No human beings on the face of this earth are more important to my friend Jack Phillips than his family. Jack is a very good cake artist and his artistry has enabled him to support his family. Until recently, he has made a decent living at Masterpiece Cakeshop in Lakewood, Colorado.
Something odd happens when some judges consider cases involving the issue of abortion. The legal principle of stare decisis — the idea that a principle or rule established in a previous legal case should be binding or at least persuasive in a later case — seems to fly out the window and pro-abortion emotions take control.
As a frequent result, court orders seem to result in as few restrictions on abortion on demand as possible, and taxpayers end up responsible for funding abortion on demand even if they have expressed their will that their taxpayer dollars should not be used to fund abortions.
This phenomenon runs contrary to the truth that America was built by people who believed in individual responsibility and the rule of law. As Winston Churchill said, “The stability of the law is the safety of us all.”
But, when it comes to cases involving the issue of abortion, the idea of personal responsibility and the rule of law are frequently ignored. And that has happened again.
Without citing a single case in support of its conclusion that the Colorado Constitution does not prohibit the subsidization of abortions, a three-judge panel of the Colorado Court of Appeals affirmed on Jan. 14 a Denver District Court order dismissing the complaint of former Executive Director of the Colorado Department of Public Health and Environment Jane E. Norton. All one need do is read the language of the Colorado Constitution to know this is wrong. It provides that “No public funds shall be used by the State of Colorado, its agencies or political subdivisions to pay or otherwise reimburse, either directly or indirectly, any person, agency or facility for the performance of any induced abortion. …”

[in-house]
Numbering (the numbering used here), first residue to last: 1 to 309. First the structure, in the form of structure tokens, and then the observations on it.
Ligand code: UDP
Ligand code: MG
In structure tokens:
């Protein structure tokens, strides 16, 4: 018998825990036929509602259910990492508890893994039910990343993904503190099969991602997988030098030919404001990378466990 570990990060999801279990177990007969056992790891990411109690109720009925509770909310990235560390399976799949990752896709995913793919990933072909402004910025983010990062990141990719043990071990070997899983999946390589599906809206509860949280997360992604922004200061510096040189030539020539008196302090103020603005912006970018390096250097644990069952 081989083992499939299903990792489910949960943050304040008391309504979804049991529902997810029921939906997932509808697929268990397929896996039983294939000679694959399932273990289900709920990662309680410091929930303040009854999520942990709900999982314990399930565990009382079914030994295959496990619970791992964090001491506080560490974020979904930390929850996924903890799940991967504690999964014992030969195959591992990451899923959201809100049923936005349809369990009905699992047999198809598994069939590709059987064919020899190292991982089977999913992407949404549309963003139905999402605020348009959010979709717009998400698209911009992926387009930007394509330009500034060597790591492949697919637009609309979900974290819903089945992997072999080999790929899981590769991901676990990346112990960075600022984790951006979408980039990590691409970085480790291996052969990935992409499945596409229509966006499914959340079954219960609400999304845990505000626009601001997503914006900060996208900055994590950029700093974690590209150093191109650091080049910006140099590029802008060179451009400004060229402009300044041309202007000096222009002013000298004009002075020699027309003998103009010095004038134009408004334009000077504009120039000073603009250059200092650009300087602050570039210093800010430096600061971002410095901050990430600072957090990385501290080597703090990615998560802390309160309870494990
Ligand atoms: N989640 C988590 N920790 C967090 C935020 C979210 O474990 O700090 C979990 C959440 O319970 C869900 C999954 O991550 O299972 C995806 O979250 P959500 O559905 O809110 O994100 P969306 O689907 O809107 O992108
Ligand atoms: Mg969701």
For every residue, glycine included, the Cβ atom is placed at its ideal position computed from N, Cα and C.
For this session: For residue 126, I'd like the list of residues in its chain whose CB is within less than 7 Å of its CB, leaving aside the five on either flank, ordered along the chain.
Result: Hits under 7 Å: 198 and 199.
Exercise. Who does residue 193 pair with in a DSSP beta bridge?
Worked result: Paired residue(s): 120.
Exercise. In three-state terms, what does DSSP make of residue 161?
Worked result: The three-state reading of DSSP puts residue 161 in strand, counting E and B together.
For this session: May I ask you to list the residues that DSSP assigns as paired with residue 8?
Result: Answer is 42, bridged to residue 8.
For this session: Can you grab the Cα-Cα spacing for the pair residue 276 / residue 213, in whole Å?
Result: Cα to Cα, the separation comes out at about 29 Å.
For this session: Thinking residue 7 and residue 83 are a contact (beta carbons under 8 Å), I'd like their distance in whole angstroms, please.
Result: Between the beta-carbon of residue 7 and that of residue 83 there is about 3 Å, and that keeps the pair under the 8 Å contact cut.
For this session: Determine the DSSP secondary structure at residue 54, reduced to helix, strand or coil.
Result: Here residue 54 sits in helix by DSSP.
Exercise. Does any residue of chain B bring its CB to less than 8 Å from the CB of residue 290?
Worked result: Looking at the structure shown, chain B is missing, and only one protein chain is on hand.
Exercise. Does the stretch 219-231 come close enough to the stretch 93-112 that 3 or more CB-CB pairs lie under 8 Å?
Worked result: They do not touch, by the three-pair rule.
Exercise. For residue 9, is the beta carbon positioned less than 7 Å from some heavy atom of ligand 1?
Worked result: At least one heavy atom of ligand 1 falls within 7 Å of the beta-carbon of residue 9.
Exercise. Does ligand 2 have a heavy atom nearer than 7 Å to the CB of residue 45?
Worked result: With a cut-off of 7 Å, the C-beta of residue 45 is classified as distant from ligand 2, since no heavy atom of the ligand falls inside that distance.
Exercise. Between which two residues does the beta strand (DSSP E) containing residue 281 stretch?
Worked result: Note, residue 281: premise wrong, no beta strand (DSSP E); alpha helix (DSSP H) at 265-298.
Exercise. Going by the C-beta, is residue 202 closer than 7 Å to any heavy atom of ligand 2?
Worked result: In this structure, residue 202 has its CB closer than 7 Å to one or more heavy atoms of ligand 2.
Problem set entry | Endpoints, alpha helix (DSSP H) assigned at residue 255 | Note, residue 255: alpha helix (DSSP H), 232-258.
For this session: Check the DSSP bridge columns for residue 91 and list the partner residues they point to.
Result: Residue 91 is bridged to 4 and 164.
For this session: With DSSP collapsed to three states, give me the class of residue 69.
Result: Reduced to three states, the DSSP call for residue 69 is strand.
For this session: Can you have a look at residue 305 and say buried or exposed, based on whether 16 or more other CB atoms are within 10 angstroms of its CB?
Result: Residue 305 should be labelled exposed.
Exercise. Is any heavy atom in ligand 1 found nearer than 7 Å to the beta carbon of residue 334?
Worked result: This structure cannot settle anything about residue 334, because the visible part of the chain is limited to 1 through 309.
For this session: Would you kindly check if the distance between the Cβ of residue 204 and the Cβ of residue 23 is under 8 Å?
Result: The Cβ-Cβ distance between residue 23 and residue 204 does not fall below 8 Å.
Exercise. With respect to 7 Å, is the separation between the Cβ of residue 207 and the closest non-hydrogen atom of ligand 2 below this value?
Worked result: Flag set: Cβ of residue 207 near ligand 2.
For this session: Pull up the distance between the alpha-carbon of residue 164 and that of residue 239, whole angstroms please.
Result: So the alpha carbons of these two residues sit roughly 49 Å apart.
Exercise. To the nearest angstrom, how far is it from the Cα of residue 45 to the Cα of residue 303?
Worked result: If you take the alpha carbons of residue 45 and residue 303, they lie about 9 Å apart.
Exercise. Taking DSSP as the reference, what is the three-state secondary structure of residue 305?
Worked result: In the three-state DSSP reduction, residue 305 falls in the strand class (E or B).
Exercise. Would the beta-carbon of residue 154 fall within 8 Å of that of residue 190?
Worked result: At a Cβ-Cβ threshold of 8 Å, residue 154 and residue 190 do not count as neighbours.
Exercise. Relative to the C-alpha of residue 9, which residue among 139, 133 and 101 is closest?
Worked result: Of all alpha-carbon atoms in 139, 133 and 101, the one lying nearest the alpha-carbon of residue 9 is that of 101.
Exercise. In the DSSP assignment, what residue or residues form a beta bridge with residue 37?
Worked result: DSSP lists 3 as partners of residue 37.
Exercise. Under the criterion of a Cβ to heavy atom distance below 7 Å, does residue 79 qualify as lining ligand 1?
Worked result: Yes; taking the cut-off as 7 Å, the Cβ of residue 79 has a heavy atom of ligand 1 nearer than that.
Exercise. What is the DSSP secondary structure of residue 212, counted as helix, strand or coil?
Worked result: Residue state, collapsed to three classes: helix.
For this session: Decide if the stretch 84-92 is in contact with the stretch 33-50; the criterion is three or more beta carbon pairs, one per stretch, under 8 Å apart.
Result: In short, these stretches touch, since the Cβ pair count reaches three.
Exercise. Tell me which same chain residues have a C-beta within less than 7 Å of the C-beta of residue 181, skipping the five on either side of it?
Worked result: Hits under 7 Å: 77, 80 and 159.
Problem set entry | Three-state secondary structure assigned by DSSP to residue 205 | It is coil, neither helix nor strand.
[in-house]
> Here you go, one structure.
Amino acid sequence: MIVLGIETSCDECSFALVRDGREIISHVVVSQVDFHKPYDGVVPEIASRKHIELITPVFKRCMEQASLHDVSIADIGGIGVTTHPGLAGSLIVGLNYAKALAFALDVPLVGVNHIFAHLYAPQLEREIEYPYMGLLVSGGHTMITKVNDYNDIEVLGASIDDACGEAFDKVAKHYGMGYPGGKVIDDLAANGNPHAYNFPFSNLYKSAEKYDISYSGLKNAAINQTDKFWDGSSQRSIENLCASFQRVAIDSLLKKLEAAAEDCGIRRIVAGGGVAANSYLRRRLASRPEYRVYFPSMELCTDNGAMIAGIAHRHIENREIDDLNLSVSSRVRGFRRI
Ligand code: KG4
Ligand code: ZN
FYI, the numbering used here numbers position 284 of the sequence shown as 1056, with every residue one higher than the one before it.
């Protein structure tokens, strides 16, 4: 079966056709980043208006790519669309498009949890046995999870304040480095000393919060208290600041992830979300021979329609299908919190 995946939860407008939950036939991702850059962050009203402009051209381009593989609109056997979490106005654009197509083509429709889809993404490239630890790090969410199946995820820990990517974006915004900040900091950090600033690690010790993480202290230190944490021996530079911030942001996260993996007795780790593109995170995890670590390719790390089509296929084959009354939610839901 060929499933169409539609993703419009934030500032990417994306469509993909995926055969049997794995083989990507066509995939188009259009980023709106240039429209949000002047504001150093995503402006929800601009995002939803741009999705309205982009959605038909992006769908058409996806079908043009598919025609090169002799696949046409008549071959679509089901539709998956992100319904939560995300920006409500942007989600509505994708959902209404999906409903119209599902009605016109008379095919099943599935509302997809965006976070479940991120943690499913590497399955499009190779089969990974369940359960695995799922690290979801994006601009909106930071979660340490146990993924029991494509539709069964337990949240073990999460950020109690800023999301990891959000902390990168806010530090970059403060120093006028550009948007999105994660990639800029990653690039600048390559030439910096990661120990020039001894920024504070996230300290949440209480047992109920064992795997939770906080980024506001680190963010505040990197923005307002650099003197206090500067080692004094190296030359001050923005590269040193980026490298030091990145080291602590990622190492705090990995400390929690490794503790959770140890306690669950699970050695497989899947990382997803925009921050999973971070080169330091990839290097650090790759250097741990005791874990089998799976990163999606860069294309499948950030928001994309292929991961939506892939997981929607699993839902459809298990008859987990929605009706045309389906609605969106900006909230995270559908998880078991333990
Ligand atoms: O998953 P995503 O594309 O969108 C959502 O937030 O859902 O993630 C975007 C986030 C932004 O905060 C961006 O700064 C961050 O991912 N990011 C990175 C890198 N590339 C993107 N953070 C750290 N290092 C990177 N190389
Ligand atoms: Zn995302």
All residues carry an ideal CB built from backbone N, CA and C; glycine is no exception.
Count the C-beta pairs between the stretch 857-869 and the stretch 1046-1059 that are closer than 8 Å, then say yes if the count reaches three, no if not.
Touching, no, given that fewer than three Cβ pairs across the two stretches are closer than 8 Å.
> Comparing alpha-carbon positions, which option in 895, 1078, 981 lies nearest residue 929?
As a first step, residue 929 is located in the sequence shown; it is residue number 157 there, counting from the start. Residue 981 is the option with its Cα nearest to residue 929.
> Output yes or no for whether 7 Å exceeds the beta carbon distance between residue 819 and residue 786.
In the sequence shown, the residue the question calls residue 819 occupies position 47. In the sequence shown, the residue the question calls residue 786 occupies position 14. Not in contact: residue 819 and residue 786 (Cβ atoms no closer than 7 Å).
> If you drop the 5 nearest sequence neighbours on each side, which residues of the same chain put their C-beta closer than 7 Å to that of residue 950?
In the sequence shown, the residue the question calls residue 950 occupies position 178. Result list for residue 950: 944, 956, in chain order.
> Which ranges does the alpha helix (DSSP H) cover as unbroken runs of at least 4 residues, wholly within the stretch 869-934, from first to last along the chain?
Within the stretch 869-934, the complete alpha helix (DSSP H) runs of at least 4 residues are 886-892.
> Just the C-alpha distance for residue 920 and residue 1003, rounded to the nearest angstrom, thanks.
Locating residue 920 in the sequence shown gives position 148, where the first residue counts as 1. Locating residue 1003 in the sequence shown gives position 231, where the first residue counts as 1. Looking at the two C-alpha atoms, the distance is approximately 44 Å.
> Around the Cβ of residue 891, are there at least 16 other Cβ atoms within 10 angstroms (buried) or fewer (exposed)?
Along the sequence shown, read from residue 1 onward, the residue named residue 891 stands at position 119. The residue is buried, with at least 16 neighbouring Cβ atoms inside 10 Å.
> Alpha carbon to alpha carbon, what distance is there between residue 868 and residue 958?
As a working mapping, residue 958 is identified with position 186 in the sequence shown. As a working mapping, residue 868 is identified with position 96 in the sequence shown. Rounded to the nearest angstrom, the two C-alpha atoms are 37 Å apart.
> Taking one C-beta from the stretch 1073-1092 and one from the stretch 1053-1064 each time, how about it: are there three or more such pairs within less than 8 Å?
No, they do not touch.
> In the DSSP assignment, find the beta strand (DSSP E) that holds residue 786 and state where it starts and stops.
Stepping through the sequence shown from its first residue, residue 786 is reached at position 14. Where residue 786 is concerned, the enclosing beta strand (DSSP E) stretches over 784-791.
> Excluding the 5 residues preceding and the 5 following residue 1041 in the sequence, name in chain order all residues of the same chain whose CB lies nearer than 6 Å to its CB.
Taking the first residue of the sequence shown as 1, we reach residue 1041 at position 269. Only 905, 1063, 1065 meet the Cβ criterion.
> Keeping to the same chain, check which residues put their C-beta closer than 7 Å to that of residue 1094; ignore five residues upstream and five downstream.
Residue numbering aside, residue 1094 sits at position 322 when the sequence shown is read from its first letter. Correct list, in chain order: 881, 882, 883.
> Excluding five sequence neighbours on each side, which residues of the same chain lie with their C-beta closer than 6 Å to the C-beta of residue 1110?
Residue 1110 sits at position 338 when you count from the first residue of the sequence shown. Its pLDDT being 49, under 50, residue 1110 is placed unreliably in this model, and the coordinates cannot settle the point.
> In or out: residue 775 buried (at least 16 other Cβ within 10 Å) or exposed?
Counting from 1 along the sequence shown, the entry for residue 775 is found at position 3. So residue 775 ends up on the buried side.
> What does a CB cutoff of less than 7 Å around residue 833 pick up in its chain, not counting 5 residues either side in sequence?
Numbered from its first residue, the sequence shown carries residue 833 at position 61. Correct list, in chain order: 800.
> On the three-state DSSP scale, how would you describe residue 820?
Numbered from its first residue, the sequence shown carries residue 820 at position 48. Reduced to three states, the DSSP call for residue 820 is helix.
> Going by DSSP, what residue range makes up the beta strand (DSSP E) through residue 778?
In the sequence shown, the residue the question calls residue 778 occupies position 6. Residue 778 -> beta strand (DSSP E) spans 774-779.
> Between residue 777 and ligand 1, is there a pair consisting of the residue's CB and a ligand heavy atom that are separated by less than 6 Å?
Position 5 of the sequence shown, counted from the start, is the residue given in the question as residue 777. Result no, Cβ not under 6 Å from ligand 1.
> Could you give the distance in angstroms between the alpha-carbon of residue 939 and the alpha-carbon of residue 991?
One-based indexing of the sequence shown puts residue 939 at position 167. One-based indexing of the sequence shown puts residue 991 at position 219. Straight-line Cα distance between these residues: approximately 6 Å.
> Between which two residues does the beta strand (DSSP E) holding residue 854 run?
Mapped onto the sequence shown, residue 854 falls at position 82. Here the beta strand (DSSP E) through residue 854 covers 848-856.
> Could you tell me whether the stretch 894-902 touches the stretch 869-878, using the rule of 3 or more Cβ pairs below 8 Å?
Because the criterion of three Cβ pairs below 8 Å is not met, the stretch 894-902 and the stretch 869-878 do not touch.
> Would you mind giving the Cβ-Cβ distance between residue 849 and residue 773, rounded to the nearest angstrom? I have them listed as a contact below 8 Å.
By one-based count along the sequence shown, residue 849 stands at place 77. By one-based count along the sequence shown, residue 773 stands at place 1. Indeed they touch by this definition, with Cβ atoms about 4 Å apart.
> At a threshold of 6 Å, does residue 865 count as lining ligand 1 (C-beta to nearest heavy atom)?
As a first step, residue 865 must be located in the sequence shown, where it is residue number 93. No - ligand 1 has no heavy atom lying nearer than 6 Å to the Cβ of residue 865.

Norton had claimed that, since at least 2009, Colorado state government agencies had been violating this Colorado constitutional provision by directing nearly $14 million in state taxpayer dollars to Planned Parenthood, which has subsidized its Rocky Mountain affiliate’s abortions.
After all, Norton does have some experience with these constitutional provisions. In 2002, she defunded Planned Parenthood on the basis of this very same constitutional provision. She had carefully read the Colorado Constitution and the “Blue Book” promises of the proponents of the 1984 voter initiative that resulted in the adoption of this provision that “taxpayers are not required to subsidize abortions.”
Ignoring that language and Norton’s 2002 order, newly elected Gov. Bill Ritter, fulfilling a campaign promise to Planned Parenthood, restored state funding to Planned Parenthood. That led to Norton’s lawsuit and to this recent appellate court decision. Reading the word “indirectly” out of this provision and without citing any case supporting its interpretation, the Court of Appeals ruled that Norton’s “subsidization theory cannot support a claim.”
The decision was certainly disappointing. Plenty of case law exists to support Norton’s position, but the Court of Appeals apparently ignored it. Courts should not be able to thwart the will of the people in their enactment of a citizen initiative of this kind, but that is what is happening here — and, of course, Planned Parenthood, the abortion behemoth that benefits from these state taxpayer dollars has, at the expense of the taxpayer, won again.
Norton plans to appeal this decision to the Colorado Supreme Court. Quoting Winston Churchill again, “Never, never, never, never give in.” When it comes to enforcing the legitimate will of Coloradans as expressed in the Colorado Constitution, Norton plans to take Mr. Churchill’s advice.
Michael J. Norton, a former U.S. Attorney during the Reagan administration, is senior counsel with Alliance Defending Freedom and represents the former executive director of the Colorado Department of Public Health and Environment, his wife, Jane Norton, in her lawsuit against Rocky Mountain Planned Parenthood.